The Ethics of Street Photography

I wrote and published a post about the ethics of street photography over the weekend but the guy whose site I linked to objected to the manner in which I linked and credited his photo which I used on site so I deleted the post and he’s lost the free publicity my site was providing to him. It’s not a complaint I would have made but as this is my site, he’s out and I’ve redrafted the ethics post because I think you deserve to see it.

So the blog is about the ethics of shooting strangers in the street with your camera.

So what is street photography?

It’s often considered real-life photography of street scenes and people. The concepts of freedom adopted in western society allow street photographers to photograph subjects on public property without permission or approval.

This is of course the basis of news photography. If news photographers had to ask permission of everyone they shot, there wouldn’t be any photos of people (okay few photos) in our newspapers and on TV.

Here’s how it works: Western law presupposes that there is no assumption of privacy when you’re in a public place. This applies equally to you and me and Madonna and all celebrities (and even politicians and criminals).

Now if you’re in a private place like a shopping mall in Canada you’re likely to asked to leave if you’re shooting with what looks like a professional camera. Point and shooters taking photos of family and friends aren’t likely to be bothered by security.

Same thing applies when you go to a rock concert. Everybody takes photos with their cellphones but don’t whip out a pro- or semi-pro camera as you’re likely to get shown the door. The Olympics in Britain has all sort of weird rules about who can shoot with what kind of camera. Also the rules change based on which buffoon in security you’re dealing with. A buddy of mine was shooting all day at a rib fest without issue and got hassled the next day.

Now notice I said above “Canadian” mall. Rules in the U.S. of A. are more on the side of photographer but this is a moving target.

Same moving target concept applies to what you can shoot from a public place if your subject is in a private place. You might get a hassle but no enforcement if you’re shooting someone on a patio bar from the street. You wouldn’t want to test the law if you shot your neighbour inside their own house from the sidewalk. This is especially true if whatever you shot was considered an invasion of privacy.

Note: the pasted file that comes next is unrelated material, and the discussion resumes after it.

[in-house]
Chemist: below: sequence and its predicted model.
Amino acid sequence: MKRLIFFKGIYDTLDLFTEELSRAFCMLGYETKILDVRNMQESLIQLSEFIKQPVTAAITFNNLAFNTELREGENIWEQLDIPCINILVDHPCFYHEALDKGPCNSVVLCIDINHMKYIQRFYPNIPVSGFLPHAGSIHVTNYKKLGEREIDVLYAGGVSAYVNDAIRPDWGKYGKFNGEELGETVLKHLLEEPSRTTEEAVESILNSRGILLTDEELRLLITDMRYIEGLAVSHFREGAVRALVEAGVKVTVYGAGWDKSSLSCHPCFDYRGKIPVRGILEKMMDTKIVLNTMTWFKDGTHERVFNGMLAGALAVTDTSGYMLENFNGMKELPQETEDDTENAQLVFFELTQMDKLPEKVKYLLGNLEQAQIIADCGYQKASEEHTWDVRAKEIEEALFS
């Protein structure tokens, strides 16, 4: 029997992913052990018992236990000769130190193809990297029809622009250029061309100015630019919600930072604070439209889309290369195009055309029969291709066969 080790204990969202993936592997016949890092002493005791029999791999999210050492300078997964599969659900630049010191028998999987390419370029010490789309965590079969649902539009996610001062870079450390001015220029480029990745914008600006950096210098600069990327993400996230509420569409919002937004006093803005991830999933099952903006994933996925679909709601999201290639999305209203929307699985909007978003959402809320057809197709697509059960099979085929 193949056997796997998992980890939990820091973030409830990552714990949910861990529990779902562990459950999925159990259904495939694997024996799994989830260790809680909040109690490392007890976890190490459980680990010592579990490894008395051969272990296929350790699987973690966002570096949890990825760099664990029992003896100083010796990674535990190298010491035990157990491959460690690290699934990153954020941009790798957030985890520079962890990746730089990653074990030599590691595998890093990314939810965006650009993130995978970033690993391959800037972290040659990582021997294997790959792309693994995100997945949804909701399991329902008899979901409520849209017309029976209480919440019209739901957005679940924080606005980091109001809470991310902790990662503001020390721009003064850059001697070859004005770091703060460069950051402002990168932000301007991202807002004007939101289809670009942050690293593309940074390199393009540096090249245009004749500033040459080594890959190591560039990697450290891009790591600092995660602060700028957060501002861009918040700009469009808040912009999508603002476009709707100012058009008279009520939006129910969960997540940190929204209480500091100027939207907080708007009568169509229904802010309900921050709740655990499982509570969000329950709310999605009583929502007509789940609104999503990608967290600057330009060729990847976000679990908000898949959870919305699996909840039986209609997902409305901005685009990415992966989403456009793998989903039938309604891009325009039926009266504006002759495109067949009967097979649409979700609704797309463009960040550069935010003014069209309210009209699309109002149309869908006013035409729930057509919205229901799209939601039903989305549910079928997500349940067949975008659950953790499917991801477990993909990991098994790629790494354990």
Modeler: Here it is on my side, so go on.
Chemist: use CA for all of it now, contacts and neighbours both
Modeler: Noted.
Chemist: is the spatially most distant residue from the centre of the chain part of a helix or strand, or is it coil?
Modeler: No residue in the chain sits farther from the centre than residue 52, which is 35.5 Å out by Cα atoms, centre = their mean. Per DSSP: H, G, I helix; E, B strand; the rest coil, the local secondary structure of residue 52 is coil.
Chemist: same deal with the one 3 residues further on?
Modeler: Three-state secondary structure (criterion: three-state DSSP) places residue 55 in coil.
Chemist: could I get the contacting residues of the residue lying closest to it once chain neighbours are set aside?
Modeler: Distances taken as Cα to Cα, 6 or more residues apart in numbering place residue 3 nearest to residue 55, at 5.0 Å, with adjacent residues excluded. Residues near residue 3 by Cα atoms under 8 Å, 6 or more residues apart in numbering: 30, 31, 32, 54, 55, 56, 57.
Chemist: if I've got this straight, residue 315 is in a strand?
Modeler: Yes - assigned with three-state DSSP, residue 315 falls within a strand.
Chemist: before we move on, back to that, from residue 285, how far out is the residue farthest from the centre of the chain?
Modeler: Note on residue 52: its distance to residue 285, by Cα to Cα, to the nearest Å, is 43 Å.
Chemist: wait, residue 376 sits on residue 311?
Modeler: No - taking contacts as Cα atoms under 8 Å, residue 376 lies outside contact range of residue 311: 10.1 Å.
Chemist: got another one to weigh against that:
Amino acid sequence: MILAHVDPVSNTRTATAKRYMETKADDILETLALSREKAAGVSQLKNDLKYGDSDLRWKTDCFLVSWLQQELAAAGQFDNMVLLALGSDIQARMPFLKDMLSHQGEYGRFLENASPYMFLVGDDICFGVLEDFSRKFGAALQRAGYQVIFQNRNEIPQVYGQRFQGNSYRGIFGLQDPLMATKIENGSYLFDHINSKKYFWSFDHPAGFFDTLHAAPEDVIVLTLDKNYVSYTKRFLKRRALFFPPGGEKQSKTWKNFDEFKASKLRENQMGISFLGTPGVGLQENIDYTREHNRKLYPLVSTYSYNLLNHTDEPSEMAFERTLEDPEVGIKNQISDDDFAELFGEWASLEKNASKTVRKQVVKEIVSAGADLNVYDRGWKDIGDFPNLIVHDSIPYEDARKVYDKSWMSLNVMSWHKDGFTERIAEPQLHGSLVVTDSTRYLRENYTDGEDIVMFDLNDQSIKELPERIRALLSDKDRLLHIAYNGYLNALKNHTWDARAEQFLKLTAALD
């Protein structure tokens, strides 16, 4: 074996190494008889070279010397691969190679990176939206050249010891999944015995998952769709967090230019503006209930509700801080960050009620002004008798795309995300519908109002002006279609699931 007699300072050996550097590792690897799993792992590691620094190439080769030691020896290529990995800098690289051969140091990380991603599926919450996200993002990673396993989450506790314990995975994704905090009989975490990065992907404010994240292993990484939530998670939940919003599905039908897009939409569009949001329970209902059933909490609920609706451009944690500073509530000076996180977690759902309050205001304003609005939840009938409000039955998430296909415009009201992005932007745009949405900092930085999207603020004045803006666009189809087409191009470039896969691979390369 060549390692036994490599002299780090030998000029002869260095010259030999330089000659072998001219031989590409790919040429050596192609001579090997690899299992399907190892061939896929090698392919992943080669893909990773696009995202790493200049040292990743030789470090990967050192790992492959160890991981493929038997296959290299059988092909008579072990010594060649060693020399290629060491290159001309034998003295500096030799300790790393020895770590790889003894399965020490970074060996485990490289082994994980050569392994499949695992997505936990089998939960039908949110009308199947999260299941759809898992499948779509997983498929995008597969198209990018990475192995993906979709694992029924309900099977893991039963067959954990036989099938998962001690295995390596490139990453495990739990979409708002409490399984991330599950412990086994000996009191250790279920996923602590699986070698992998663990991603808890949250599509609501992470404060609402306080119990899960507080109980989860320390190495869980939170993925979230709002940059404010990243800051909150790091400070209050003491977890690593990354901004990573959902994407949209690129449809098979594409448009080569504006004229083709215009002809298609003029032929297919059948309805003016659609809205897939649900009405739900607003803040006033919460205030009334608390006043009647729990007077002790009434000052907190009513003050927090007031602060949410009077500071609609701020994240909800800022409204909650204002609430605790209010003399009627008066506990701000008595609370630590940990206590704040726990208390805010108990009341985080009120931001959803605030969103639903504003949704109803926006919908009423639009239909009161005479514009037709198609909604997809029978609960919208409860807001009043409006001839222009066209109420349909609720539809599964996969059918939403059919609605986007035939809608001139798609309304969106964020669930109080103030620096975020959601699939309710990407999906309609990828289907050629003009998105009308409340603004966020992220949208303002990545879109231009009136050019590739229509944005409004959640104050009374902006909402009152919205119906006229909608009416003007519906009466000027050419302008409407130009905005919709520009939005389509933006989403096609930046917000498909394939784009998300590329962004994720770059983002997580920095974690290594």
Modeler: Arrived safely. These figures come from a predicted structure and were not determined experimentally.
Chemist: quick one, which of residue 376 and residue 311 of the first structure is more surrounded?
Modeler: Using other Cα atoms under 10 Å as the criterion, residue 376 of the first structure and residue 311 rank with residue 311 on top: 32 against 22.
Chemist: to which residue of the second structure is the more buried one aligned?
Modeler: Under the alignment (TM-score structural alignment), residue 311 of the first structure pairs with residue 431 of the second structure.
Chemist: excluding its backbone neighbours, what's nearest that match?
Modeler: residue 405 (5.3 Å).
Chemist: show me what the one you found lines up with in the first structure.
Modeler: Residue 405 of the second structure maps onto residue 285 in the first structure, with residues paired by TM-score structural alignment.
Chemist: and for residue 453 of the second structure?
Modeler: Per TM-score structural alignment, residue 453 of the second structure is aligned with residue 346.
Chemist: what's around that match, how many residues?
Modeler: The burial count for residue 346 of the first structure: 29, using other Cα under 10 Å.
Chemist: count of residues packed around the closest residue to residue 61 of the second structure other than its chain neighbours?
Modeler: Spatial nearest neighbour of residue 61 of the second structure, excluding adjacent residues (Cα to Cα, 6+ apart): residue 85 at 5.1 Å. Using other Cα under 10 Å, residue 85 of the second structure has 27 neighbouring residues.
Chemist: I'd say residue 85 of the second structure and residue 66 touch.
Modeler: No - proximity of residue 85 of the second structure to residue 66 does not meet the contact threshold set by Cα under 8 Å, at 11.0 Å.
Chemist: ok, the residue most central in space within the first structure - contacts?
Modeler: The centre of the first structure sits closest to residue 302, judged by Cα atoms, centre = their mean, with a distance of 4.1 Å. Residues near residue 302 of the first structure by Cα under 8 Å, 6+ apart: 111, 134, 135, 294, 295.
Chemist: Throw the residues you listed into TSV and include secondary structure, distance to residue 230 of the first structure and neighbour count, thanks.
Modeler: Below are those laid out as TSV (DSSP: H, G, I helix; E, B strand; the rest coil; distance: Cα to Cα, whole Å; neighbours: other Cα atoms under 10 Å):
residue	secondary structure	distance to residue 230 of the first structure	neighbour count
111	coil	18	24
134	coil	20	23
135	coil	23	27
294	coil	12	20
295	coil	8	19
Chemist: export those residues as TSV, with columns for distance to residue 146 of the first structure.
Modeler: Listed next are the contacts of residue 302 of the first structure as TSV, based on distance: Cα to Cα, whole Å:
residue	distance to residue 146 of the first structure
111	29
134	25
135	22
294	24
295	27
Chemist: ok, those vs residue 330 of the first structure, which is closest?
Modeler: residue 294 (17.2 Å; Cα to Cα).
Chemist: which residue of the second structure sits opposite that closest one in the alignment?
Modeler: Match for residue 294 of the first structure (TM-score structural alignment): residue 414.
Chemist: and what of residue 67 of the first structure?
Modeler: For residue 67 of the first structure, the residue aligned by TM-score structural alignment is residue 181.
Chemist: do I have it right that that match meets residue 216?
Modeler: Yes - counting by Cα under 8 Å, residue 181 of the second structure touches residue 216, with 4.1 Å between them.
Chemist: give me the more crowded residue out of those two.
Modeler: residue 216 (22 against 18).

And the laws governing (or allowing) street photography are different in Quebec (with laws based on the Napoleonic code) and you can find yourself sued if your photo holds the subject up to unreasonable ridicule or public derision.

When it comes to news photography you can photograph anything you can see from a public place (and private when you can away with it) including shooting photos of juvenile offenders or people in the act of breaking the law. Having said that you’ll get hassled by cops who don’t understand the law (nobody can force you to delete your images especially in this day of instant WiFi uploads) and so long as you don’t enter into a big argument you can usually walk away with your images intact.

Notice I said you can photograph juvenile offenders. You can shoot them but you can’t publish the images. News photographers have no idea how old or young of the people they shoot at the time of the event. The newsroom figures that out later. Also, if the kid just shot the mayor his photos is going to get published regardless of his age. Illegal yes but newsworthy and worth the risk? It’s a tough call by the editor.

So let’s get back to the concepts of ethics.

Ethics are the moral philosophy that according to Wikipedia involves systemizing, defending and recommending concepts of right and wrong behaviour. So when it comes to the ethics of street photography I humbly offer:

There is no such thing.

What one person finds offensive, another finds artful. Where one person finds the photographer to be intrusive, someone else may deem the interaction appropriate and in the service of the higher good.

It’s like the old argument around the paparazzi. Many people think these photographers go too far but I bet all or most of the complainers watch “Entertainment Tonight” and read “People” magazine at the hair dressers.

Now special event photography is street photography with a purpose 🙂 (These are some of my shots from Midnite Madness which took place on Friday night here in Oakville. Over 50,000 people showed up. Now that’s street photography.

I shoot a lot of special event photography and some of it looks like street photography and I love it.

Why don’t you get out and see how it goes for you?


1 thought on “The Ethics of Street Photography

  1. Great post Peter. It’s good to know the guidelines of the law when applied to street photography. I would have to say when it comes to special event/street photography you are one of the best.
    Also, IMHO the guy who protested your linking to him etc. is an Idiot with a capitol I. (this is me shaking my head at such nonsense)

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